Protect Code Branches. GitHub has branch protection rules that help prevent unwanted code from being published. Enabling these settings can help you add extra precautions to ensure code merges are more controlled.
Implement Security Control Tools. Security testing can help you identify any weaknesses or vulnerabilities in your code. Using SAST or SCA, you can scan for security flaws and detect vulnerabilities in code dependencies. GitHub also has an advanced security feature with an internal dependencies vulnerability scanner.
Avoid Sensitive Data or Secrets in Code. Keeping sensitive data out of GitHub is a must to keep secrets protected. When secrets like passwords or tokens are added to repositories, they become available to anyone with access—which increases the chance for them to fall into the wrong hands. Even if they’re added and deleted, they’ll remain in the GitHub history, so be sure to keep them protected from the start.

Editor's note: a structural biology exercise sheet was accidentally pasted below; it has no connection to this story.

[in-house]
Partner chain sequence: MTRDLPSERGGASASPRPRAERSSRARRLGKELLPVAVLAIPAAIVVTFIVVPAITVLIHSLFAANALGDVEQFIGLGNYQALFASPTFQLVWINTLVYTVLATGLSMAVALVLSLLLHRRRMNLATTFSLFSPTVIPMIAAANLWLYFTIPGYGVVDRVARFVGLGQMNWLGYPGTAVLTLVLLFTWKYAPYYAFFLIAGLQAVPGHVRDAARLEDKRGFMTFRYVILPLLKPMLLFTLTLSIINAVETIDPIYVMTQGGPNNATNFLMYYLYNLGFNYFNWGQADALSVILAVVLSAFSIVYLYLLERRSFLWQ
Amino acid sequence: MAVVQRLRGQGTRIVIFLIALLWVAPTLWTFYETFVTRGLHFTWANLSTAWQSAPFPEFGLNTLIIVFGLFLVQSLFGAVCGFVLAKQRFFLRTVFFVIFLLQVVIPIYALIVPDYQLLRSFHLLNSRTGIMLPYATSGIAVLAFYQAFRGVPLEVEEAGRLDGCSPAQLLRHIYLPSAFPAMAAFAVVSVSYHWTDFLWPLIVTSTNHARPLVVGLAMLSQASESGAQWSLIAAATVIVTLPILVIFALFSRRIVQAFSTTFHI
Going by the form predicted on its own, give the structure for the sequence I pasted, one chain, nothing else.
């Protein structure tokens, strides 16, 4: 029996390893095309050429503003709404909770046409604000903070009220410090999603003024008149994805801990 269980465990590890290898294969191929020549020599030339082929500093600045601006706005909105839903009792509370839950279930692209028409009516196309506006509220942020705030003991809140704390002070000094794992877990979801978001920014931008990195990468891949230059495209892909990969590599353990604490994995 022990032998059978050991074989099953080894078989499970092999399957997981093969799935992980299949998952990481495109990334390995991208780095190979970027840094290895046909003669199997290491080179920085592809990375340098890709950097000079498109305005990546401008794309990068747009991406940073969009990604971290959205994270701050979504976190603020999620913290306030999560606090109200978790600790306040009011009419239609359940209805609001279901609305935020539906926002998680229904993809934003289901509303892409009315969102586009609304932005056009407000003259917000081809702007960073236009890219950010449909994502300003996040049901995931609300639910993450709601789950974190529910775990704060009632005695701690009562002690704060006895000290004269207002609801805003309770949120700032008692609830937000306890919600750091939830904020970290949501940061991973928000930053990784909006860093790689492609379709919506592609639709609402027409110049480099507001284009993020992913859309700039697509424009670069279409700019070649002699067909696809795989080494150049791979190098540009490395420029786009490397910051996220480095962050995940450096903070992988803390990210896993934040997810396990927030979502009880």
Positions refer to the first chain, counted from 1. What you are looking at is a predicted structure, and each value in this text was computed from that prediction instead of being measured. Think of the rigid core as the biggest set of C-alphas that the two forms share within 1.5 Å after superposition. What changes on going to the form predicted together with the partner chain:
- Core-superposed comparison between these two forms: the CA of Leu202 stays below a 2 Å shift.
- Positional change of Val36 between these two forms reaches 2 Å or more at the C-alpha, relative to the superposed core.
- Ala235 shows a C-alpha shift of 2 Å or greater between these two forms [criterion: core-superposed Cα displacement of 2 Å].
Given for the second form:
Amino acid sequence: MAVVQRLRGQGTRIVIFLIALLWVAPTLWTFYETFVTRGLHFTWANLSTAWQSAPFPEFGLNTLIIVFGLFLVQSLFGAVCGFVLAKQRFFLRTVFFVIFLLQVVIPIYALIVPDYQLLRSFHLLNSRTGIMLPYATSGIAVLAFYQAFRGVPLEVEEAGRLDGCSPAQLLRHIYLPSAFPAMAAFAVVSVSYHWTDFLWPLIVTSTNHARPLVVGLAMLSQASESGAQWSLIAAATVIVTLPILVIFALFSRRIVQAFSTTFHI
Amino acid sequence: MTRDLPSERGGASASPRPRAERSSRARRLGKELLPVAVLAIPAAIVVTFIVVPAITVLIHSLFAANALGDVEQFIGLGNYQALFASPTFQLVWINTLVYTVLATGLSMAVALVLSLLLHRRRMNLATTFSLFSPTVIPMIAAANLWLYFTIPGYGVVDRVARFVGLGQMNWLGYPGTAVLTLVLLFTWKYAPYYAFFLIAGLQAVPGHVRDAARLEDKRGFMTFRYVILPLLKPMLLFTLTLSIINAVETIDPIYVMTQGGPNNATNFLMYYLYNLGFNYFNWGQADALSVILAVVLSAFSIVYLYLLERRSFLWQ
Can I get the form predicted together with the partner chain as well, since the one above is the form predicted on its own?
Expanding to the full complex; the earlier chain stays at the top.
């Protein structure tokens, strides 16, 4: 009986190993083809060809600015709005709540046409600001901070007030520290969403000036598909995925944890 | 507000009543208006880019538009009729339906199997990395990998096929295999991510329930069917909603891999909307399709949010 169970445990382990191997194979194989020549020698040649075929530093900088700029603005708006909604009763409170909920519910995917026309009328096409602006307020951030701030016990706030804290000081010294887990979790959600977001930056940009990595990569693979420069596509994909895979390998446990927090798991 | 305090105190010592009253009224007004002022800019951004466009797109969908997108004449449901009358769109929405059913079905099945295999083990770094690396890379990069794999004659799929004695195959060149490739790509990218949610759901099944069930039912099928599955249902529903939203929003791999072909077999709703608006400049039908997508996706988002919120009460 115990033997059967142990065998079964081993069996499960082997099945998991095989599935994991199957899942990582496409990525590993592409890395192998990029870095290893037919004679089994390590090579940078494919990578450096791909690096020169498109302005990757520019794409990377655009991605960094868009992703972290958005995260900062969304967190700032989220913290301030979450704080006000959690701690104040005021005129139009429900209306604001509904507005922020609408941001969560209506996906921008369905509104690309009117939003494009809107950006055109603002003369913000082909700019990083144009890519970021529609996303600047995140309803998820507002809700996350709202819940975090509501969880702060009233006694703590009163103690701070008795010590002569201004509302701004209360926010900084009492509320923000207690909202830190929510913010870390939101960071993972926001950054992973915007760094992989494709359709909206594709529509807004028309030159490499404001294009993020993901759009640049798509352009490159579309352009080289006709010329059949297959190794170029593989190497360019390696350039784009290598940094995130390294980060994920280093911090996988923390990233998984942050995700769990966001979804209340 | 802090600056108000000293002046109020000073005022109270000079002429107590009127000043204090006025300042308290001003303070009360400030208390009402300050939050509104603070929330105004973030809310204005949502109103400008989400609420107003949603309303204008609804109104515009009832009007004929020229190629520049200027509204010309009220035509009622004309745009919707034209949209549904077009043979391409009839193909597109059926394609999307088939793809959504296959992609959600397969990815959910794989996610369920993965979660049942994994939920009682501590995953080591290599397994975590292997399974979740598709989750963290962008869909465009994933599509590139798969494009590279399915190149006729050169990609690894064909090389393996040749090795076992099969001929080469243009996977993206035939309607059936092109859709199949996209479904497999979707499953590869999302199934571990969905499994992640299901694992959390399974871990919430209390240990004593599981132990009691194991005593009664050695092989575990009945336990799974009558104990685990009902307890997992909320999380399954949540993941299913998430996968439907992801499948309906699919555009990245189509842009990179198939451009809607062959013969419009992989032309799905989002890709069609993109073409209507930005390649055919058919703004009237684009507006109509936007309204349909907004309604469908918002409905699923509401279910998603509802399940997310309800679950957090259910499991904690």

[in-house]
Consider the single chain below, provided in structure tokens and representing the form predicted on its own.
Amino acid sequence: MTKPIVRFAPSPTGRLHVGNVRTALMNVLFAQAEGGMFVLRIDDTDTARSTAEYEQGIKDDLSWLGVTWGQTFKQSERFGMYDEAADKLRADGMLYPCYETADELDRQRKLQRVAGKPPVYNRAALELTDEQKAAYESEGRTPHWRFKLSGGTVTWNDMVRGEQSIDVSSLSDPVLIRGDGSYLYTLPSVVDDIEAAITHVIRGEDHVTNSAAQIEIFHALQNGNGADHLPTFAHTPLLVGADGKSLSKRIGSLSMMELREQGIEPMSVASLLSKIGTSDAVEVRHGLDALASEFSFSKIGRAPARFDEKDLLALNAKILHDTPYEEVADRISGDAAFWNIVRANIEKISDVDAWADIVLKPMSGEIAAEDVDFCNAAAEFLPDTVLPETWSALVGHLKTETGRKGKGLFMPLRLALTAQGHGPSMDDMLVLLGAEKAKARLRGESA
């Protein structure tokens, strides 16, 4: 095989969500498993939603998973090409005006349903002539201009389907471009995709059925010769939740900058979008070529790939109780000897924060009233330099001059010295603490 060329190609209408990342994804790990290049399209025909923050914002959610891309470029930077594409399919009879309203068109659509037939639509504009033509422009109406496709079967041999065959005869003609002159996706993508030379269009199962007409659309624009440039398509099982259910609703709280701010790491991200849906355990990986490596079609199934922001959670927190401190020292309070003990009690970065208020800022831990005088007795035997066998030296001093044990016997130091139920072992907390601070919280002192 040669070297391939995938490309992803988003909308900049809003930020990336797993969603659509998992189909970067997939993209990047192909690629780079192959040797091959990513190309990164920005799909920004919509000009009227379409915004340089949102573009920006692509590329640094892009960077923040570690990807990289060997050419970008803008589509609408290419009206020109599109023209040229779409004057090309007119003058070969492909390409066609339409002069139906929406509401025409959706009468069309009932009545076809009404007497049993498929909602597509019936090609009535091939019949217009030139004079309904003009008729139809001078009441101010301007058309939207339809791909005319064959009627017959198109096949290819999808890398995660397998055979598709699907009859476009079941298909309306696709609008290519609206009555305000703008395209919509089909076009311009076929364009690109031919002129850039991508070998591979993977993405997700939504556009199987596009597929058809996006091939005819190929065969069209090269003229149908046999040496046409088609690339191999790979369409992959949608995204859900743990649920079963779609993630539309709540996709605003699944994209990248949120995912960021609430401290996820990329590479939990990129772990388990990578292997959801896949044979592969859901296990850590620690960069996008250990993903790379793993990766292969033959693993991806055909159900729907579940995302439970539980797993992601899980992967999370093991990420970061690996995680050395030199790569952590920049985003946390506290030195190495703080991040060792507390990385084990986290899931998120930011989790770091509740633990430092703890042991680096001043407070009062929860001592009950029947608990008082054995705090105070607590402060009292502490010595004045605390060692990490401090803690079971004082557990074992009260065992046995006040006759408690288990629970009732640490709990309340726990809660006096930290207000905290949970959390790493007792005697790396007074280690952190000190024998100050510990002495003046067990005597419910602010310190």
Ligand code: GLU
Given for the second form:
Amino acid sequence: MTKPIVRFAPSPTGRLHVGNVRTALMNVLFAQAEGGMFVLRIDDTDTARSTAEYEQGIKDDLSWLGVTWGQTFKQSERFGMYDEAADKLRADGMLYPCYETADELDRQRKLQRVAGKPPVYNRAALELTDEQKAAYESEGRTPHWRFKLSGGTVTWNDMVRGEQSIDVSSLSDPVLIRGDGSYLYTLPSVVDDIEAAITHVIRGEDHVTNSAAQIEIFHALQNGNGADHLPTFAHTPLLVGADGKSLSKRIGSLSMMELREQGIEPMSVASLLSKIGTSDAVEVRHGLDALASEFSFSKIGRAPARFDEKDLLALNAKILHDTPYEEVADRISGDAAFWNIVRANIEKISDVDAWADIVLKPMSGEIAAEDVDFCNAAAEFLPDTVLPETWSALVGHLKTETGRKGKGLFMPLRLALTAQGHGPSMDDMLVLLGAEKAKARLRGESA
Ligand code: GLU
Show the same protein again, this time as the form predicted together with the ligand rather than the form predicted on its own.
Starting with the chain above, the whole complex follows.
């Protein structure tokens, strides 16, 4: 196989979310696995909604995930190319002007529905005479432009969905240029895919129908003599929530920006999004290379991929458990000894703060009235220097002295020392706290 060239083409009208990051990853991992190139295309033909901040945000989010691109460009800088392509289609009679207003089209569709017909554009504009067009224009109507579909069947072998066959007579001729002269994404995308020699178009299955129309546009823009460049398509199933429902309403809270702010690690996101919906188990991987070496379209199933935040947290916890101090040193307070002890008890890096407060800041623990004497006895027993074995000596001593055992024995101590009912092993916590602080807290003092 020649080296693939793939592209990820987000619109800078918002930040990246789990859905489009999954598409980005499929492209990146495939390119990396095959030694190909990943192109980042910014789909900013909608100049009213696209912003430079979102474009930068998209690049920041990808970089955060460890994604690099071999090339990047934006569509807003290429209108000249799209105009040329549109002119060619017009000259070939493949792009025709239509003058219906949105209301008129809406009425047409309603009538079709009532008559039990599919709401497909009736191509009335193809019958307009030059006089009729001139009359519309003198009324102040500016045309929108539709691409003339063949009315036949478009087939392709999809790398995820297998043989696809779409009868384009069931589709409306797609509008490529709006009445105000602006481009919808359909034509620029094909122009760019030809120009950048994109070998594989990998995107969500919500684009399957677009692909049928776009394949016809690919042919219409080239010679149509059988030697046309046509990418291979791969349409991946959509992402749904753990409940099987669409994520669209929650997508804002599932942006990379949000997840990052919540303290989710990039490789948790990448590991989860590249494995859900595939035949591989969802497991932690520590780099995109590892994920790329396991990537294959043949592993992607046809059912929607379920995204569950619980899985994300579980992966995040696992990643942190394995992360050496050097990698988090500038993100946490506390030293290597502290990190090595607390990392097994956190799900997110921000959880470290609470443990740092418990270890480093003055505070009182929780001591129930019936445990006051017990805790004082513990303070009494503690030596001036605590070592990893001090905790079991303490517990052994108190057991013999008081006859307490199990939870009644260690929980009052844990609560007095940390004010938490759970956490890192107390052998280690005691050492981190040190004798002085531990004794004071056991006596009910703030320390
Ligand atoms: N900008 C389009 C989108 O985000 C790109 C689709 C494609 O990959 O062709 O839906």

Watch Out For Forks. Forks are a valuable tool for developers—but they can cause problems with secrets being mistakenly or carelessly included in code. When a repository is forked, all sensitive data goes with it. If passwords, tokens, or other secrets are included in that repository, they’ll be duplicated along with the rest of the code. You can disallow forking in GitHub to keep your data more secure.
Taking these extra steps allows you to leverage GitHub’s robust security measures to protect against malicious actors. Arm your organization with the knowledge they need to properly use the tool and also implement these measures to amp up security as much as possible. To take it a step further, you can also leverage a software security platform to help identify and protect against vulnerabilities in the GitHub workflow.
Key terms to know: